As such, rainwater or distilled water is best. You can likewise allow tap water to sit at room temperature for 24 hours to make sure that the chemicals evaporate before you water your plant with it.
Dracaena Lemon Lime appreciates well-aerated, fast-draining soil. This allows its roots to receive enough oxygen while any excess moisture is drained. In doing so, it helps prevent waterlogging or overwatering.
So why kinds of soil fit this description?
One of the easiest potting mixes you can create is mixing 50% potting soil with 50% perlite or pumice. Both perlite and pumice increase drainage. Although, pumice is chunkier which provides better aeration. So, for this specific plant, I prefer pumice just a bit more than perlite. However, both will work.
Many growers also use a combination of regular potting mix and add lava rocks. Lava rocks look like small pellets. As such, the extra air pockets between them let oxygen pass and excess liquids to drain better.
Another option to lava rocks are clay pebbles.
You can use any of these options along with regular potting soil to keep your Dracaena Lemon Lime happy.
Fertilizing Dracaena Lemon Lime
Dracaena Lemon Lime don’t need a lot of fertilizer to do well.
As such, all you need to feed it is balanced organic houseplant fertilizer once a month during its growing season (spring and summer). Make sure to dilute the concentration by half to prevent overfertilizing.
You don’t need to give it plant food during the fall or winter as it isn’t actively growing during this time.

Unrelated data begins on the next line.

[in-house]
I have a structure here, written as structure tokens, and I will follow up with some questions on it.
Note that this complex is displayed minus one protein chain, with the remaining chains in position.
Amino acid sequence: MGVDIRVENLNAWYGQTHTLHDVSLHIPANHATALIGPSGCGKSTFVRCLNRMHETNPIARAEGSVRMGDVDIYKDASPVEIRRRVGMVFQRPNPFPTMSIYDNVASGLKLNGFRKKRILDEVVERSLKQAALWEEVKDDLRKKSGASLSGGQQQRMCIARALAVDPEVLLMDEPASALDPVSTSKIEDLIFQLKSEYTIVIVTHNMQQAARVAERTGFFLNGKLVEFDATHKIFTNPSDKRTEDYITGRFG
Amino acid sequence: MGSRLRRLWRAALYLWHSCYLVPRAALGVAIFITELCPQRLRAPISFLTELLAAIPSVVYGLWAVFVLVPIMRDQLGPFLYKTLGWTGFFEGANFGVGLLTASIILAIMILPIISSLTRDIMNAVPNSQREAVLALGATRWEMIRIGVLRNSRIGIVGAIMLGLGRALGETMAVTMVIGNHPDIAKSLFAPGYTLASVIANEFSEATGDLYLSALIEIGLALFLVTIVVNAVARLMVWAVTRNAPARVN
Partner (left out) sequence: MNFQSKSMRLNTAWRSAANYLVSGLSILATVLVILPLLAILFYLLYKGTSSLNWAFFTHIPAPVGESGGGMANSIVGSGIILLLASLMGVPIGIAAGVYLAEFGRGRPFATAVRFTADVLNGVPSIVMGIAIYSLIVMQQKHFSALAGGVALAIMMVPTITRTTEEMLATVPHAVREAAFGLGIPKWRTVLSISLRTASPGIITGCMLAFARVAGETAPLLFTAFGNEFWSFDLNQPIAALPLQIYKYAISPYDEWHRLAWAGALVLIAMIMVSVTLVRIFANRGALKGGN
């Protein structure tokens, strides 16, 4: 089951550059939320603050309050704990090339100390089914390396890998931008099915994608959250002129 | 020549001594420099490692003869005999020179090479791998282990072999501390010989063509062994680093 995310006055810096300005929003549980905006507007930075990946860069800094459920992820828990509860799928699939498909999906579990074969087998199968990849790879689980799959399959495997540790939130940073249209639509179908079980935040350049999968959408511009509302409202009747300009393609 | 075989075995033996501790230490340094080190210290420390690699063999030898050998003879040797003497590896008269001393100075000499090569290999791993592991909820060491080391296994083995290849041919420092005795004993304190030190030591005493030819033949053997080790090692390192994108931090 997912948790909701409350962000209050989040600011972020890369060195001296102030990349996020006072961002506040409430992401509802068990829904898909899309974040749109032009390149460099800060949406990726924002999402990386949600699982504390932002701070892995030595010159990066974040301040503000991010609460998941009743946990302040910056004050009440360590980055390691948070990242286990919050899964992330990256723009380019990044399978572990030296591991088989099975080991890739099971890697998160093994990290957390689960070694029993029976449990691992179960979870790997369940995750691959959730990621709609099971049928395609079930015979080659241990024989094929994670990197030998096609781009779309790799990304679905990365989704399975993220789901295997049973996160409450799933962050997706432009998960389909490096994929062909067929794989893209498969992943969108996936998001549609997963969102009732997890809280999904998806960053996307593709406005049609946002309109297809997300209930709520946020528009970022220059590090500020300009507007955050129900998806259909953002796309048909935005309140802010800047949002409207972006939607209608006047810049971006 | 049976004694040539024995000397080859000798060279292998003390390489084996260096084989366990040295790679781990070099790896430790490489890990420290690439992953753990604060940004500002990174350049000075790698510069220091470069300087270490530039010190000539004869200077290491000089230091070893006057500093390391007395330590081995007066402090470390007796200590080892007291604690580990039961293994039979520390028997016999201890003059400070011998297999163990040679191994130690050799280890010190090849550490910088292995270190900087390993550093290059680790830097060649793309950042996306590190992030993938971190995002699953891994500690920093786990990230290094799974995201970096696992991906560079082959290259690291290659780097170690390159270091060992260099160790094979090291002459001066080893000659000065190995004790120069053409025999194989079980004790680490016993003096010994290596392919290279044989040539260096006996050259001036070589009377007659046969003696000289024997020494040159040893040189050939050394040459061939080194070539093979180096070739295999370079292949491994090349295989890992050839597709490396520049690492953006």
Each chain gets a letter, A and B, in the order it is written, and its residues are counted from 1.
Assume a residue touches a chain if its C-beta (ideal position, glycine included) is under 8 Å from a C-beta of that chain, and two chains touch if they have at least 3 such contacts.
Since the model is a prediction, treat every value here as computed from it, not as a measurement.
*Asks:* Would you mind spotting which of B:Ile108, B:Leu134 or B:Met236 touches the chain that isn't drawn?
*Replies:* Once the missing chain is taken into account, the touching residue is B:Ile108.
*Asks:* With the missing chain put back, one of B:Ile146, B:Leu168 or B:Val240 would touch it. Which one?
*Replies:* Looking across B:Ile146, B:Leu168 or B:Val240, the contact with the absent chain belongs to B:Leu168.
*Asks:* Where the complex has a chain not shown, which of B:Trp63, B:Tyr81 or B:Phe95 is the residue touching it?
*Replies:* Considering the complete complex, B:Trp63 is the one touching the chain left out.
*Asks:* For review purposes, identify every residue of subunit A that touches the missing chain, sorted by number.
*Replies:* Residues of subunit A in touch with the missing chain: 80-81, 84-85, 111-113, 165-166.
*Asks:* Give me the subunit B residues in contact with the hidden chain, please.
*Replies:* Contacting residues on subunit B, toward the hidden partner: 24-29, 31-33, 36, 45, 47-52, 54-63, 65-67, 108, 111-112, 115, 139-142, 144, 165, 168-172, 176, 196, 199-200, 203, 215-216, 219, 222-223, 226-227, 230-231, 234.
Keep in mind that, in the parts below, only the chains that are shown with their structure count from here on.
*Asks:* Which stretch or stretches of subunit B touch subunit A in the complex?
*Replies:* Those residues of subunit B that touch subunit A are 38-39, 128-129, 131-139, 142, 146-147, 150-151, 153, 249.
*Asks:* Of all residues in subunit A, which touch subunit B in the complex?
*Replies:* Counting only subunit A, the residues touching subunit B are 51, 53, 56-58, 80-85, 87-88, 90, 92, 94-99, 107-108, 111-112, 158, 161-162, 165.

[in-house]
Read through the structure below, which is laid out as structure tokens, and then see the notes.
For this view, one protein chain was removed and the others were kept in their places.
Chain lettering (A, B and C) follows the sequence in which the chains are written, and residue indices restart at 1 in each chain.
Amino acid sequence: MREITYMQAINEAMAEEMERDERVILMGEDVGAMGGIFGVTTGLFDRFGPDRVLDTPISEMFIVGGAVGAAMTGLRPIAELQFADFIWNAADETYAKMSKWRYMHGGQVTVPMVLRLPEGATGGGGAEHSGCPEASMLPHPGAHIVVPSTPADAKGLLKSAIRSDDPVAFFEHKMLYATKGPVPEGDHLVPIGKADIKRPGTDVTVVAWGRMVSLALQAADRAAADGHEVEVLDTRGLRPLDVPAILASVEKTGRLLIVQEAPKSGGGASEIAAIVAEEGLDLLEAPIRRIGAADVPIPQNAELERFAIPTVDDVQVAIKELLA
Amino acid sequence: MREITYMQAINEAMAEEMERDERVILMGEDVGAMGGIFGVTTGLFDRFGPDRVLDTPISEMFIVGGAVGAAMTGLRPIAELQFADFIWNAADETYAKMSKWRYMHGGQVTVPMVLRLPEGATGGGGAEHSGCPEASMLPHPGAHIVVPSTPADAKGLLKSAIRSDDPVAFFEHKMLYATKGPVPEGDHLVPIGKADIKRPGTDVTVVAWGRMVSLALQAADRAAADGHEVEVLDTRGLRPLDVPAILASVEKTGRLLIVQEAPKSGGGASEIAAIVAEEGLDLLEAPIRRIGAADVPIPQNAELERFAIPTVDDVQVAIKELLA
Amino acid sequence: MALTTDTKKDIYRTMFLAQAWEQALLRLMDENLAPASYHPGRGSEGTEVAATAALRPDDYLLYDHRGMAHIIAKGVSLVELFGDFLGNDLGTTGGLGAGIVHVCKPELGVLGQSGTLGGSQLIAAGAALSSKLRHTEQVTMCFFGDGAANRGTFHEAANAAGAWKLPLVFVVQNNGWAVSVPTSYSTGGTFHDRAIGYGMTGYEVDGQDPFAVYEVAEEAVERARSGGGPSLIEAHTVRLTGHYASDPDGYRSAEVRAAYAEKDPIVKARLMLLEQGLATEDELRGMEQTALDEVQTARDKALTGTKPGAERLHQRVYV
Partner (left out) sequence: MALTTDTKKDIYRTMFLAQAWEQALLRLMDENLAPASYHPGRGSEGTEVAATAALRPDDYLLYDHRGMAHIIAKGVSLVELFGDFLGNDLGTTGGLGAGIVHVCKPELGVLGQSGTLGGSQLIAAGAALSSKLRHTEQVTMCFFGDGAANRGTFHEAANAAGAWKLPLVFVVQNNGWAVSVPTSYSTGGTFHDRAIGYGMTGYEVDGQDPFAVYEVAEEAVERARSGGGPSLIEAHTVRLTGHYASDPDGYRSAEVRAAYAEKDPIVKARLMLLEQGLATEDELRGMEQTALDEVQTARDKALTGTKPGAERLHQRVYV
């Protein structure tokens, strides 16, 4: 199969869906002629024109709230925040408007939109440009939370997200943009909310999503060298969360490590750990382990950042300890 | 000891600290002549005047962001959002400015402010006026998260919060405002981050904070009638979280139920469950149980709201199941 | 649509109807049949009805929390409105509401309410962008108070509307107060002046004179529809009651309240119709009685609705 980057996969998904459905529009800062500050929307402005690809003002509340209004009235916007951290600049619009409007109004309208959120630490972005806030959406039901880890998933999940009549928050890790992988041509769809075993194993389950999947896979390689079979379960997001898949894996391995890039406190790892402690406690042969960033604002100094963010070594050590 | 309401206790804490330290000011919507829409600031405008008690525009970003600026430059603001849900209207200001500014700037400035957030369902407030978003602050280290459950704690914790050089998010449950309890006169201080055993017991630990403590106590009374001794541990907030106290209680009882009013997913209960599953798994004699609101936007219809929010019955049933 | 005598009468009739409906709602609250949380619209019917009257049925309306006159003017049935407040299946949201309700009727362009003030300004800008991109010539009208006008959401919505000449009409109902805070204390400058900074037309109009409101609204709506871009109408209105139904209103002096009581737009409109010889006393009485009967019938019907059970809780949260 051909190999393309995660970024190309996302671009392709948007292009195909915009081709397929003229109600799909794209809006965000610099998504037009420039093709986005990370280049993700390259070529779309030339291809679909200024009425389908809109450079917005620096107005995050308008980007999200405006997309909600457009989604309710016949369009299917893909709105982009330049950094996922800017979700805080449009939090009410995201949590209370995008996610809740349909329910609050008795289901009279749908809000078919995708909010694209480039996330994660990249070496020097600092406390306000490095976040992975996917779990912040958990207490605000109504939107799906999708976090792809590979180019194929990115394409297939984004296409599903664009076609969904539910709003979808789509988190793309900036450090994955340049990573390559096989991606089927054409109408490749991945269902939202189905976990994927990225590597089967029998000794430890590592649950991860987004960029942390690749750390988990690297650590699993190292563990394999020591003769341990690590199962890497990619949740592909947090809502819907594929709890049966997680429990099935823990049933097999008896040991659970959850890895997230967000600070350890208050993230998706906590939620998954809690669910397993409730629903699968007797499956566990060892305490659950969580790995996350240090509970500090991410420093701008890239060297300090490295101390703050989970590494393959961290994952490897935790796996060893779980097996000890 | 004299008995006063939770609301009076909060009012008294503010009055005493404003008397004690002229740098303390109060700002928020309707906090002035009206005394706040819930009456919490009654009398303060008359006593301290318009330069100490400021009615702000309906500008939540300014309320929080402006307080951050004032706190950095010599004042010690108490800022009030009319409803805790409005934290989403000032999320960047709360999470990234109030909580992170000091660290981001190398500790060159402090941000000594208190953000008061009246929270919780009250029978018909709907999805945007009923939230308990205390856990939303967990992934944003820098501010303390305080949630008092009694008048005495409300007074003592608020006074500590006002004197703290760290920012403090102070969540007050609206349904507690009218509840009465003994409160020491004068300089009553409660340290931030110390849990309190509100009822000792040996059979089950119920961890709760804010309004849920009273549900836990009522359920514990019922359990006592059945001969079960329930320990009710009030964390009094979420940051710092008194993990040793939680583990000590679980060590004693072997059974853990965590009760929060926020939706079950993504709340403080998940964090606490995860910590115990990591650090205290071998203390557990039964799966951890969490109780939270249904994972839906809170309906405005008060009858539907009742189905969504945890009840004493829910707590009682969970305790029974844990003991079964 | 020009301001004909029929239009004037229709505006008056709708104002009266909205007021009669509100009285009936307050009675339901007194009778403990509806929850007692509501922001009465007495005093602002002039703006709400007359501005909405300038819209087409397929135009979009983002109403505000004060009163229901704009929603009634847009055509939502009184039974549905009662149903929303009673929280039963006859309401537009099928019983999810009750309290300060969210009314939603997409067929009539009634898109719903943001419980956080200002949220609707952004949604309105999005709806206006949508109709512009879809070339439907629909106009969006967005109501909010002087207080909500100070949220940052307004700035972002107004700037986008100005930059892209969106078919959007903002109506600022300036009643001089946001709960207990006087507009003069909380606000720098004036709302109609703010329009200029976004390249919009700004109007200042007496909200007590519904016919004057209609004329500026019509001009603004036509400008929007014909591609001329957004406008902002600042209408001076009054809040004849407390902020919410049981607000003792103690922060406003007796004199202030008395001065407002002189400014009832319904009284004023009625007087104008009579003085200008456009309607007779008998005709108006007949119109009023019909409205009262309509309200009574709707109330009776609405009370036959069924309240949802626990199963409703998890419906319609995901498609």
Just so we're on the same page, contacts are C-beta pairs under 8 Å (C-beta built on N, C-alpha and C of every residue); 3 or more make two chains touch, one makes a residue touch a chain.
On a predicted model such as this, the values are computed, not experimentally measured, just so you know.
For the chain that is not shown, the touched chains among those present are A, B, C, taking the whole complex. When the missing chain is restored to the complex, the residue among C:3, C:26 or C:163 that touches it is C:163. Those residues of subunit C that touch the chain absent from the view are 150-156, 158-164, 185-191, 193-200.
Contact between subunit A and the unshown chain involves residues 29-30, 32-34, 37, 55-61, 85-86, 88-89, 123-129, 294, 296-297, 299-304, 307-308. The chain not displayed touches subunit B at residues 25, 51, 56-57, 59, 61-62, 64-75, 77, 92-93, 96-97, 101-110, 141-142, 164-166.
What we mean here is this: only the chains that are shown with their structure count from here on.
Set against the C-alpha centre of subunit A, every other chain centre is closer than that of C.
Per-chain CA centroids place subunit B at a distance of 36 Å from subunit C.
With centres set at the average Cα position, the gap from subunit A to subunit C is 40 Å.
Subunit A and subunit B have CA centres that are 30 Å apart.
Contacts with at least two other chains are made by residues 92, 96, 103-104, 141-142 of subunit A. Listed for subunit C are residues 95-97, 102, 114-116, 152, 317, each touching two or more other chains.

I like to use organic fertilizer because it doesn’t leave as much salt residue. You can likewise use synthetic if you’re trying to save money. These are not only cheaper but also contain a higher dosage. So, you do want to follow the package instructions then dilute as needed.
However, do avoid cheap fertilizers as they leave considerable amounts of minerals which build up over time. If you do use them, make sure to flush the soil more often to remove them from other soil. Otherwise, they can cause root burn.
Finally, do check with the nursery on whether the soil you get from them contains slow release fertilizer. if it does, you won’t need to feed the plant for a while. Make sure to also ask an estimate of how long the dosage lasts. This will give you an idea of when to start feeding it.
Similarly, if you apply compost to the soil, you may not need to feed your Dracaena Lemon Lime at all. Or, at most give it very little plant food.
Pruning Dracaena Lemon Lime
Don’t be alarmed if your Dracaena Lemon Lime drops some leaves now and then. This is part of their foliage life cycle as leaves get older.
If you don’t want to wait for this shedding process to happen naturally, you can likewise trim back the lower leaves. This helps the plant look healthier and neater.
Similarly, the plant will get bigger. And, if it outgrows the space it is in, you can prune the taller stalks with few leaves. You can cut them anywhere below the leaves.
This will reduce its size. More importantly, it will encourage new growth that will make the plant look healthier.
It is likewise a good idea to clean the plant’s foliage with a damp cloth regularly. These attract dust and other tiny particles.
Dracaena Lemon Lime Propagation
The easiest way to propagate Dracaena Lemon Lime is via stem cuttings. Here’s how.
- Take a 4 to 6 inch stem cutting. Make sure there are at least 2 leaf nodes.
- Dip the cut end into rooting hormone.